Further, Pierzynski has thrown out 28.1% of runners this season, compared to Saltalamacchia, who has thrown out 16.7%.

Give A.J. Pierzynski a break. He’s just as good as Saltalamacchia — if not, a tad worse this season.

With a team that has the worst outfield in Major League Baseball, an inconsistent rotation, struggling veterans, and injuries, it’s ludicrous to blame Pierzynski. And there are plenty of other sensible players to blame for a pedestrian season to this point.

Boston Red Sox Finally End Losing Streak

Boston Red Sox

The Boston Red Sox were down 6-1 after the bottom of the fourth inning against the Atlanta Braves Monday afternoon before a two out rally scored five runs, including a two-run double for Dustin Pedroia and a three-run shot from David Ortiz knotted the game 6-6.

The listless offense did nothing through the first four innings and it looked the team would fall once again, but the two out damage in that fifth inning looked like a team that was tired of losing and instead took a patient approach to get back into the contest.

The game was then delayed due to rain and the Red Sox had to wait to try and gain a lead. They did exactly that with a sacrifice fly in the seventh for Ortiz and a two out single for A.j. Pierzynski to put the Red Sox up 8-6.

The bullpen settled down after allowing inherited runners to score in the fourth as all six runs were charged to Clay Buchholz who had a career-high eight walks. The bullpen pitched the final six innings while allowing no runs and just four base runners with six different relievers getting an inning of work after a taxing 10-game losing streak.

The bullpen struck out three batters over the final three innings, but Koji Uehara got a huge 6-4-3 double lay for his tenth save of the season in the 8-6 victory.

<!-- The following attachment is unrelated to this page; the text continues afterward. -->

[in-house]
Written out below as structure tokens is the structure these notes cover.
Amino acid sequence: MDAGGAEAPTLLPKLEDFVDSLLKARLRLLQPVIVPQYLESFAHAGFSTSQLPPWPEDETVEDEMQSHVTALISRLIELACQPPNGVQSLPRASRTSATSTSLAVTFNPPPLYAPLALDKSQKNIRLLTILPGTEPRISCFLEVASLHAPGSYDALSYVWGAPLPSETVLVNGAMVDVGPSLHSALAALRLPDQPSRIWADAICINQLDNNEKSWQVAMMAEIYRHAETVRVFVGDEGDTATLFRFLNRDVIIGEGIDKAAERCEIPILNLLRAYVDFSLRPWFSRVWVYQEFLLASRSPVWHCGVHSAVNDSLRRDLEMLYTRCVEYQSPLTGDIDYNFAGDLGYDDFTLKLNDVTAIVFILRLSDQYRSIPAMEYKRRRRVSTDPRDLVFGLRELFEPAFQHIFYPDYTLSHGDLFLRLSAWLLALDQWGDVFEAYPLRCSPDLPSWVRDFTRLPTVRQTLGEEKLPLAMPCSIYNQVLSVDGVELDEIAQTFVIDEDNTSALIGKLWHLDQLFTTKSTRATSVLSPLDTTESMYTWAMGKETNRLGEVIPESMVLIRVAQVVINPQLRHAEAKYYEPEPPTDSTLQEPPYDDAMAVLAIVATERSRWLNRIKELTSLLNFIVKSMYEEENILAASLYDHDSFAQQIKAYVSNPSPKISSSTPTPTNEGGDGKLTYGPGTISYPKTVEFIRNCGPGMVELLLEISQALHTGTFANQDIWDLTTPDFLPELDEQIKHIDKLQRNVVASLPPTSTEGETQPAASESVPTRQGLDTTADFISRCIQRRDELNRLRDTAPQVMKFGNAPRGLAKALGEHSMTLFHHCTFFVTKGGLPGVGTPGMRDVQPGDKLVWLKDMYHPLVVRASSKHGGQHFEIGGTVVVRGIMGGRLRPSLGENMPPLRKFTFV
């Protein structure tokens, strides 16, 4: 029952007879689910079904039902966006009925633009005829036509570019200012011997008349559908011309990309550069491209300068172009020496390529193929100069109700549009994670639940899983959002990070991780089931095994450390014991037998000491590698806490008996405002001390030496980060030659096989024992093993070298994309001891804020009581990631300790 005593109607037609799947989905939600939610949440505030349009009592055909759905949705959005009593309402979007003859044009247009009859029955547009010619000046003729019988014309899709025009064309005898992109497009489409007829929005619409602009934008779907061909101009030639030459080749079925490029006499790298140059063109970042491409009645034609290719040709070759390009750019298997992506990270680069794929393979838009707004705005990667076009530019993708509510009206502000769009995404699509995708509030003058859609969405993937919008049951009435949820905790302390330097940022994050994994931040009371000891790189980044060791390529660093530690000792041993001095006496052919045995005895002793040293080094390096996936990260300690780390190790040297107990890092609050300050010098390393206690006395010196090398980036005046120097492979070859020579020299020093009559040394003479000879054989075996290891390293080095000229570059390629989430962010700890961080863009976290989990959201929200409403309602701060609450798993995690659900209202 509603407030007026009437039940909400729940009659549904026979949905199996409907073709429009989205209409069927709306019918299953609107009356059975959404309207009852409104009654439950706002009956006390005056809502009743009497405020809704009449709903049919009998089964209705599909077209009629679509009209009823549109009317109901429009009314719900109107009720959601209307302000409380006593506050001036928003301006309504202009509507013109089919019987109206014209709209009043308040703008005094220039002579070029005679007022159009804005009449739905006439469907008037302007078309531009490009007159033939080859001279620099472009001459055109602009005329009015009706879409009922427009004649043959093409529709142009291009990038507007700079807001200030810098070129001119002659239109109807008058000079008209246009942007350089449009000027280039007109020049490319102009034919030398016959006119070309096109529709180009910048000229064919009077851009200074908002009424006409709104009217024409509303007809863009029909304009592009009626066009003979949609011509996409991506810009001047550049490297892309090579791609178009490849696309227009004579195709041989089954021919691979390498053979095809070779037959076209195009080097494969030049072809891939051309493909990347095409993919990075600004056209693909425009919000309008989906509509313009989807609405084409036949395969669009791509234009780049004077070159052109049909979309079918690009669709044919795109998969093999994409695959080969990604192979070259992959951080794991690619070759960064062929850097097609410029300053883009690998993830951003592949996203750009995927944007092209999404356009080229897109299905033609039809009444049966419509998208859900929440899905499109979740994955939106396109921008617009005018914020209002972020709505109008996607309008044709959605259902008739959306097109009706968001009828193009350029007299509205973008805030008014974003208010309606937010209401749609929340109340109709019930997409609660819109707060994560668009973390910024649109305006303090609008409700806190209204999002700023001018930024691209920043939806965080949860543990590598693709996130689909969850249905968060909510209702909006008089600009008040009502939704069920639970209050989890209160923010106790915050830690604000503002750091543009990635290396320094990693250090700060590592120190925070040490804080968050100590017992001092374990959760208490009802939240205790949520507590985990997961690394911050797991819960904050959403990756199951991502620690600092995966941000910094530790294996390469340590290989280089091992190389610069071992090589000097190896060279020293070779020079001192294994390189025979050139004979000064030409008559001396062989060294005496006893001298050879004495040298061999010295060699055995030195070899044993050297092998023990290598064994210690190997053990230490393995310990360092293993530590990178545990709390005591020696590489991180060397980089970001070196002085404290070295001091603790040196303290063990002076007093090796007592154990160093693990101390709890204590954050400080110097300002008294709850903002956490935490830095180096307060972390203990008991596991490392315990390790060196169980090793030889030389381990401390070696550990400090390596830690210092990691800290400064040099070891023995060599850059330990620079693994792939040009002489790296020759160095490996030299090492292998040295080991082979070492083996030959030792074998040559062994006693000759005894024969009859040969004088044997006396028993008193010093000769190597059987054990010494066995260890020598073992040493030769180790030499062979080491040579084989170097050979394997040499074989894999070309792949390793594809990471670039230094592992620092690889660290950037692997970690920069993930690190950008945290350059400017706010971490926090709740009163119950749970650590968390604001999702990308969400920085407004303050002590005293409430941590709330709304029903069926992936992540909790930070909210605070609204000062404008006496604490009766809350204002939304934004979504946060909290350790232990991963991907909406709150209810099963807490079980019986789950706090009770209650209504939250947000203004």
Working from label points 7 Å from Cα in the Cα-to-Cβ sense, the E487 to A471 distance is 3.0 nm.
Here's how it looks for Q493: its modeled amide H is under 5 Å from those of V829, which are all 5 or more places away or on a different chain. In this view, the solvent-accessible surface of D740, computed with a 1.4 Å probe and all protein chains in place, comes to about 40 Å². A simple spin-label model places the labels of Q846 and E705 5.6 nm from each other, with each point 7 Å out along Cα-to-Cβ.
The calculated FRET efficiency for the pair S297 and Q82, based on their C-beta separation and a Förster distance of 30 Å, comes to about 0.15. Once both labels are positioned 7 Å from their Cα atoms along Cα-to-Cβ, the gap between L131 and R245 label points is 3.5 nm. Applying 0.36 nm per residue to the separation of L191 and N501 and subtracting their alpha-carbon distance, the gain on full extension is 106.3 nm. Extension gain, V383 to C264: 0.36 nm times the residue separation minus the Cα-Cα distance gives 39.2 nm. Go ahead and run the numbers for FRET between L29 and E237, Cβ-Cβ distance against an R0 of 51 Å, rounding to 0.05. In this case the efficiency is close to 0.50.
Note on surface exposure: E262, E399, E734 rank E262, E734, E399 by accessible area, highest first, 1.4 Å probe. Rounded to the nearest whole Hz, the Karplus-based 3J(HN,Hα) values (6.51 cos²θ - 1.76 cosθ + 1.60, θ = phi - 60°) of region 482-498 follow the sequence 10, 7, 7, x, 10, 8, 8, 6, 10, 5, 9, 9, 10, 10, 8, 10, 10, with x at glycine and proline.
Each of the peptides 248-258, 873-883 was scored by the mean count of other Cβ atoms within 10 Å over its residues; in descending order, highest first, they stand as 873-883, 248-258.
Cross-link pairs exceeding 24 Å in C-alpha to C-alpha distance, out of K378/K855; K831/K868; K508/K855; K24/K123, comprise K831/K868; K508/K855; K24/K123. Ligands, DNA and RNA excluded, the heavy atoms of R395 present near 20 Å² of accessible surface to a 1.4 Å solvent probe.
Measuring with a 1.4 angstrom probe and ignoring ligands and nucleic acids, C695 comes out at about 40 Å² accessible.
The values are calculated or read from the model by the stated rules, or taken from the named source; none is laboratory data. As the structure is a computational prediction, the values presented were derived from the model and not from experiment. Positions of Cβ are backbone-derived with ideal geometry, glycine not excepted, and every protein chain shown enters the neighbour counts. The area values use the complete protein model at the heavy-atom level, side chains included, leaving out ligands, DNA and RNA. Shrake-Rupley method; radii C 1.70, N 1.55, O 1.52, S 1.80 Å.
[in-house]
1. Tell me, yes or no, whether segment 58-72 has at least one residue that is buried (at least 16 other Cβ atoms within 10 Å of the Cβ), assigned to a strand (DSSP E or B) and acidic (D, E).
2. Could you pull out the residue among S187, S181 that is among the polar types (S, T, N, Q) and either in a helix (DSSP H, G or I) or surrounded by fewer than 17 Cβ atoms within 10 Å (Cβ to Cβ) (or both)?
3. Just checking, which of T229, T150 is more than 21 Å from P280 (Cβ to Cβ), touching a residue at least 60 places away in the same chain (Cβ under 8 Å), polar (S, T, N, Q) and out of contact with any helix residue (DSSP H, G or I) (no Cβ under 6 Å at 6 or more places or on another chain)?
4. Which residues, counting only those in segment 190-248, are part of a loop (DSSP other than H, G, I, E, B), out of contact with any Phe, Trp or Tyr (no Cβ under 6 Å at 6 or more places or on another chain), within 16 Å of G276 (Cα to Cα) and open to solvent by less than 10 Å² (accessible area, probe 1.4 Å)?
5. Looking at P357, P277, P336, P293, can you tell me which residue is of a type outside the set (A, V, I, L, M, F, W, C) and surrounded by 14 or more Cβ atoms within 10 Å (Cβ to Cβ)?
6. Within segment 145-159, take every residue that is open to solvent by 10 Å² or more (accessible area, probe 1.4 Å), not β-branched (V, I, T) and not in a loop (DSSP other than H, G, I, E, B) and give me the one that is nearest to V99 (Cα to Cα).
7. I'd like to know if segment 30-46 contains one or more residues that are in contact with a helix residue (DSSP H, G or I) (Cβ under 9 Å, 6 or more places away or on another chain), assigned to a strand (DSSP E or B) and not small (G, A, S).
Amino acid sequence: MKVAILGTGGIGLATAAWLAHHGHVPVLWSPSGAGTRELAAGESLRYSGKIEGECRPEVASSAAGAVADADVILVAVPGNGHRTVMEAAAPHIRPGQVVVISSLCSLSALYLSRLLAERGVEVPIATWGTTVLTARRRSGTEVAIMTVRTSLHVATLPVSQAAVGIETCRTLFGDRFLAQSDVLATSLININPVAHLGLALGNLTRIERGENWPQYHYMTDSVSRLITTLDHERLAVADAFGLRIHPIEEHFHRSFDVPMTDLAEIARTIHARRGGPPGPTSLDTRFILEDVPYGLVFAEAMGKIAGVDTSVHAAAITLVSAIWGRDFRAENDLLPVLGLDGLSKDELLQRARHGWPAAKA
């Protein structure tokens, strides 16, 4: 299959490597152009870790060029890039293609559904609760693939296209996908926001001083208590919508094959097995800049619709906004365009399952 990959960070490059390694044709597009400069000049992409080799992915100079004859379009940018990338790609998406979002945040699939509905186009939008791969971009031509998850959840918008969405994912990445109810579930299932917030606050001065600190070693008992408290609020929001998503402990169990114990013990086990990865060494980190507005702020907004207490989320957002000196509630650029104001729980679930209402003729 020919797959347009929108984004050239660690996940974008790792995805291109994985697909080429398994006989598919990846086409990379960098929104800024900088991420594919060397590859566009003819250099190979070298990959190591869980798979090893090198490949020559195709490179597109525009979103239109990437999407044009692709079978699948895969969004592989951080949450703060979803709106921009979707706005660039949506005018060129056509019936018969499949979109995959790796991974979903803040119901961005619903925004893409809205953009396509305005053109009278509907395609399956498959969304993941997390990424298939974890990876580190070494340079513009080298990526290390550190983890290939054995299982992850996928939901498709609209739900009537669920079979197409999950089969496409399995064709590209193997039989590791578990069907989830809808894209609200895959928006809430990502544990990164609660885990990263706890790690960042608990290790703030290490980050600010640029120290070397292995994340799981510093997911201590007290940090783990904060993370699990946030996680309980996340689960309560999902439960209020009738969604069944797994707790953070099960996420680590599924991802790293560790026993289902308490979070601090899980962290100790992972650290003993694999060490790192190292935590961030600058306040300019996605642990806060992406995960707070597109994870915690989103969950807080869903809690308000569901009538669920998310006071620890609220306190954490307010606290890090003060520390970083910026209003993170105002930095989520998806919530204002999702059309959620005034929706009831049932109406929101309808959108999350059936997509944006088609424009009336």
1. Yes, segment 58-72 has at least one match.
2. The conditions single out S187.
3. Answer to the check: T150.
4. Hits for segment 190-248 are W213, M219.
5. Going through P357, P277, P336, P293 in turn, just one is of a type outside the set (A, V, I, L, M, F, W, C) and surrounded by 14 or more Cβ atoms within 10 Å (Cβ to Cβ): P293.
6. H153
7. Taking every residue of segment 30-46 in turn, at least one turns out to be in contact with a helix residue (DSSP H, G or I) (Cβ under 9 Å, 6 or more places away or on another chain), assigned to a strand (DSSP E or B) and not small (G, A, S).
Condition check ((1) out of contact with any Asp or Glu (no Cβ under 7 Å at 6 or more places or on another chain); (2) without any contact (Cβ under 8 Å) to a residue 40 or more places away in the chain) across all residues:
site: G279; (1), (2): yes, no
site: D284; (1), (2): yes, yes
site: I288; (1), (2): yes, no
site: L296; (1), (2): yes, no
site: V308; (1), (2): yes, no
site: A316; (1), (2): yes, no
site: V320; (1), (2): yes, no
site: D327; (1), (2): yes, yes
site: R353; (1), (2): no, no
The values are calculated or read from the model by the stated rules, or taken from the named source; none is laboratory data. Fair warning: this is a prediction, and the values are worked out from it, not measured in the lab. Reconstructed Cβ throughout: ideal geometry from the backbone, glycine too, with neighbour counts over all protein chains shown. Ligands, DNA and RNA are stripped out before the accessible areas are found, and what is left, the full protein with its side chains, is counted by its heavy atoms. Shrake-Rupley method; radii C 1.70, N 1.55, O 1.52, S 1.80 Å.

Sure with Buchholz struggling it might be time for the Red Sox to do something about his lack of command, especially on Monday afternoon. But the win on Monday ended a tough stretch for this team and could lead to something special in the coming weeks as Ortiz and Pedroia were fired up against the Braves. As was Pierzynski after his RBI single in the seventh.

The Red Sox have three more contests against the Braves, including one more at Turner Field on Tuesday.

Red Sox Believe in Their Future At the Catcher Position

catcher position

Some people might have been puzzled when the Boston Red Sox decided to replace 28-year-old catcher Jerrod Saltalamacchia with 37-year-old A.J. Pierzynski. The signing of Pierzynski just shows that the Red Sox are confident in their young prospects at catcher.

The Red Sox held their annual rookie program during the week of January 14  and Christian Vazquez and Blake Swihart, two of their highly touted catching prospects were in attendance.

The more experienced Vazquez had a good season in the minor in 2013. The 23-year-old from Puerto Rico has been named the best defensive catcher in the Red Sox system by Baseball America each of the past three seasons. In 2013, Vazquez led the Portland Sea Dogs with a .289 average and was the starting catcher for the Eastern League All-Stars.

Vazquez also threw out 47 percent of attempted base stealers with Double-A Portland last season before being promoted to the Pawtucket Red Sox last fall. Vazquez was invited to Fort Myers again this spring and he will have a chance to work with veteran catchers Pierzynski and David Ross.

Swihart, who was selected by the Red Sox with the 26th overall pick in the 2011 draft, has played three seasons in the Red Sox farm system. He represented the Salem Red Sox on the Carolina League mid-season All-Star team last season as he hit .298 with two home runs and 42 RBIs in 103 games. In the fall, Swihart was also named the 2013 Red Sox Minor League Defensive Player of the Year.

Swihart will also be in Fort Myers, Fla., as he was also chosen to participate in to spring training. This is excellent considering Swihart didn’t start playing the catcher position until his junior year of high school.

Ross and Pierzynski will both be free agents after the 2014 season. It is not farfetched to think that we may see Swihart or Vasquez play at Fenway Park in 2015. Keep your eye out on these two catches because the Red Sox organization surely has.